A little more than a month ago, markets were in an upbeat mood. Recent data had shown that inflation was finally beginning to slow, and investors hoped that pressure on the Federal Reserve would ease its interest-rate increases as a result. Two positive inflation readings in a row would make that scenario a lot more likely.

That's not what happened, unfortunately: The Sept. 13 inflation report showed consumer prices up 8.3% from a year earlier, worse than the forecast of 8.1%. Inflation didn't jump by 9.1% or 8.5% as it had in the prior two months, but the result it was disappointing given that gasoline prices had fallen sharply. The persistence of price increases is forcing the Fed to maintain its aggressive inflation-fighting stance. On Sept. 21, it raised the key Fed Funds rate by .75%, while signaling that it will continue to act aggressively to combat inflation. In the fastest rate-increasing cycle since the 1980s, the Fed has now moved the short-term rate it controls from near 0% to between 3% and 3.25% in just seven months.

These developments are a reminder that one good reading, whether it's on inflation or economic growth or any other financial data, does not make a trend. I continue to believe that the worst of inflation will soon be behind us, if it isn't already. The producer price index, which measures how much businesses pay for the things they need, fell .1% in August. Drops in so-called wholesale inflation generally point to an eventual decrease in consumer inflation.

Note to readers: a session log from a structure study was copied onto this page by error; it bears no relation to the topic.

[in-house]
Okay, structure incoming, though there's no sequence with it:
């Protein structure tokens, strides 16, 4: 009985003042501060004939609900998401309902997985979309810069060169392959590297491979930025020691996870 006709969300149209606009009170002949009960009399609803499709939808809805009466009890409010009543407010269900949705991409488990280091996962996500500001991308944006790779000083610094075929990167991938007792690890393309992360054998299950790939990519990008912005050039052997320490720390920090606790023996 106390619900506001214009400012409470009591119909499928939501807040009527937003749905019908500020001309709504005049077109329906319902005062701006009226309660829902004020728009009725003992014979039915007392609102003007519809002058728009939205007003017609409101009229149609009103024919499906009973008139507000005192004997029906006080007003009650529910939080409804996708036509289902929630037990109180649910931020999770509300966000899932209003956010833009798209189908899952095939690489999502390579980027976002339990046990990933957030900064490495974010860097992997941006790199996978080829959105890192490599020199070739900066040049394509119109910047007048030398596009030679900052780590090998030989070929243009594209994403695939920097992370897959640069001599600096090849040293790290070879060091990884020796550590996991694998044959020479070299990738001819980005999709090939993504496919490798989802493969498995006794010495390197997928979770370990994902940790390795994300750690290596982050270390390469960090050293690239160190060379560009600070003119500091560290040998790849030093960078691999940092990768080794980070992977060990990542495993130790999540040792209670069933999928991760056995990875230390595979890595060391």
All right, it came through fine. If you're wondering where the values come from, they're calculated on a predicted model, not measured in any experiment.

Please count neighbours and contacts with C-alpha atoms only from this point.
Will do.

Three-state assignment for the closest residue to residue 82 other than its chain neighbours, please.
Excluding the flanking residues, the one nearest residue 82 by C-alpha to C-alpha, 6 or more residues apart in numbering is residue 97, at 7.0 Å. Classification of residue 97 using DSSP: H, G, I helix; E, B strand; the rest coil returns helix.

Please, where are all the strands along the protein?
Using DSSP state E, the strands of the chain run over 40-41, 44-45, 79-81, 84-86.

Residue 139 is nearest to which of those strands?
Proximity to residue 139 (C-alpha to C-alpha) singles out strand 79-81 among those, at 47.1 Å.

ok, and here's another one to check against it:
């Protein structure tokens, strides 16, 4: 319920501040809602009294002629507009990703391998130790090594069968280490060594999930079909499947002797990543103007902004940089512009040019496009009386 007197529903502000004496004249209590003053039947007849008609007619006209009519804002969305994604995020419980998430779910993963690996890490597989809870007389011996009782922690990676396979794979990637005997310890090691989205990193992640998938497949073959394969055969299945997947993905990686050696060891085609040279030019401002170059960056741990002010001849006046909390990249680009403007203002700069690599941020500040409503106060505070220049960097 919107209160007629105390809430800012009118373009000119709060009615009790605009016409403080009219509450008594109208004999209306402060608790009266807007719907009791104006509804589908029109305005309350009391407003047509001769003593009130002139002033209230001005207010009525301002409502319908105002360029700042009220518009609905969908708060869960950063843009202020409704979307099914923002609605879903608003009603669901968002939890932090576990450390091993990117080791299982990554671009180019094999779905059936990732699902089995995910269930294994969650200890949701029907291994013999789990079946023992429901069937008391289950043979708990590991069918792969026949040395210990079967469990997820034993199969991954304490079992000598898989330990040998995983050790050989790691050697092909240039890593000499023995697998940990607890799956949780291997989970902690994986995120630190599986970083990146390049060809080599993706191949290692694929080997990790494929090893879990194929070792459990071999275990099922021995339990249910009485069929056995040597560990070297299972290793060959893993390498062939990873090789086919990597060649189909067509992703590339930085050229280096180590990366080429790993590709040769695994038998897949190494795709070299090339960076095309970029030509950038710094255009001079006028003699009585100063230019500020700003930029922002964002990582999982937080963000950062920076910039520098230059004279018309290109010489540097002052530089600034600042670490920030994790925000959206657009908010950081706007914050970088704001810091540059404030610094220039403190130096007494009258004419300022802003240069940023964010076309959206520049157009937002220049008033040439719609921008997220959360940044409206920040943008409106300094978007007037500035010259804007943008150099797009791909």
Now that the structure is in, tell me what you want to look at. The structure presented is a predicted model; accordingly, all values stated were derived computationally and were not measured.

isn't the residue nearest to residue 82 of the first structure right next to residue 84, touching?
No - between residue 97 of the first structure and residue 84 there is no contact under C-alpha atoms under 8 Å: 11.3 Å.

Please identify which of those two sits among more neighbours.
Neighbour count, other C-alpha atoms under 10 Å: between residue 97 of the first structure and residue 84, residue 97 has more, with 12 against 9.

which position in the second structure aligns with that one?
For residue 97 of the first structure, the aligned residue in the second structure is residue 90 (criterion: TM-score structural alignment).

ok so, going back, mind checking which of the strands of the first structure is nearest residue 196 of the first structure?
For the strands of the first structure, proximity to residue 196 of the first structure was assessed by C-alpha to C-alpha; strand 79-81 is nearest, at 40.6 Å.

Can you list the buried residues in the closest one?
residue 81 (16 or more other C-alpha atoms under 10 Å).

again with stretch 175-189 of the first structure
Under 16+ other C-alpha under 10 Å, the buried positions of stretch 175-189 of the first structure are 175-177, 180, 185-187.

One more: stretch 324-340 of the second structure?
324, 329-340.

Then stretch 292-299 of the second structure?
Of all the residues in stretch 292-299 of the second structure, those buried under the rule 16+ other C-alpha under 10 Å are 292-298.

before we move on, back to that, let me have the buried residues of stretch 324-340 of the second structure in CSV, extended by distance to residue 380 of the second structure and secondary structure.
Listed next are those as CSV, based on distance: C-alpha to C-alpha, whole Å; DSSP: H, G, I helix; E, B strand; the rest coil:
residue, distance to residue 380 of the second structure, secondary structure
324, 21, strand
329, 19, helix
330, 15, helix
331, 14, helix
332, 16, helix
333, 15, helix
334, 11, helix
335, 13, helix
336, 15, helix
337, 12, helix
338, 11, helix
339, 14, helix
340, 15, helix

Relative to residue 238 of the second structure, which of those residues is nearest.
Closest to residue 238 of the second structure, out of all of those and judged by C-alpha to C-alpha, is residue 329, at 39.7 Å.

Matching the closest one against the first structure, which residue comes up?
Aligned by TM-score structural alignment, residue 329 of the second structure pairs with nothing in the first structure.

How long will it take for consumer inflation to decline in a meaningful way? It's impossible to say for sure. For now, investors should stay patient, but also be on the lookout for buying opportunities. The market can behave irrationally, especially in times of extreme emotion, and smart investors can take advantage of that fact. As volatility occurs, good businesses wind up being sold off alongside bad ones. Market pullbacks can create the opportunity to own great stocks that were recently prohibitively expensive.

It's also important here to maintain a long-term perspective. Even with the 2008-2009 crash and the 2020 Covid crash, as well as innumerable smaller declines, the value of the S&P 500 has increased by 368% over the past 20 years. In the long run, patience pays off.

Last month, I wrote that good news on inflation could be the catalyst that gets the market moving. Well, that good news materialized on August 10: Inflation rose 8.5% in July, down from 9.1% the previous month.

Make no mistake, 8.5% inflation is very bad for consumers. Our grocery bills are 8.5% higher than they were a year ago. But for investors, what counts is the direction of inflation. While the rate of price increases is still high, it looks like it might have peaked in June. The stock market rallied more than 4% over the subsequent week before giving back some of its gains.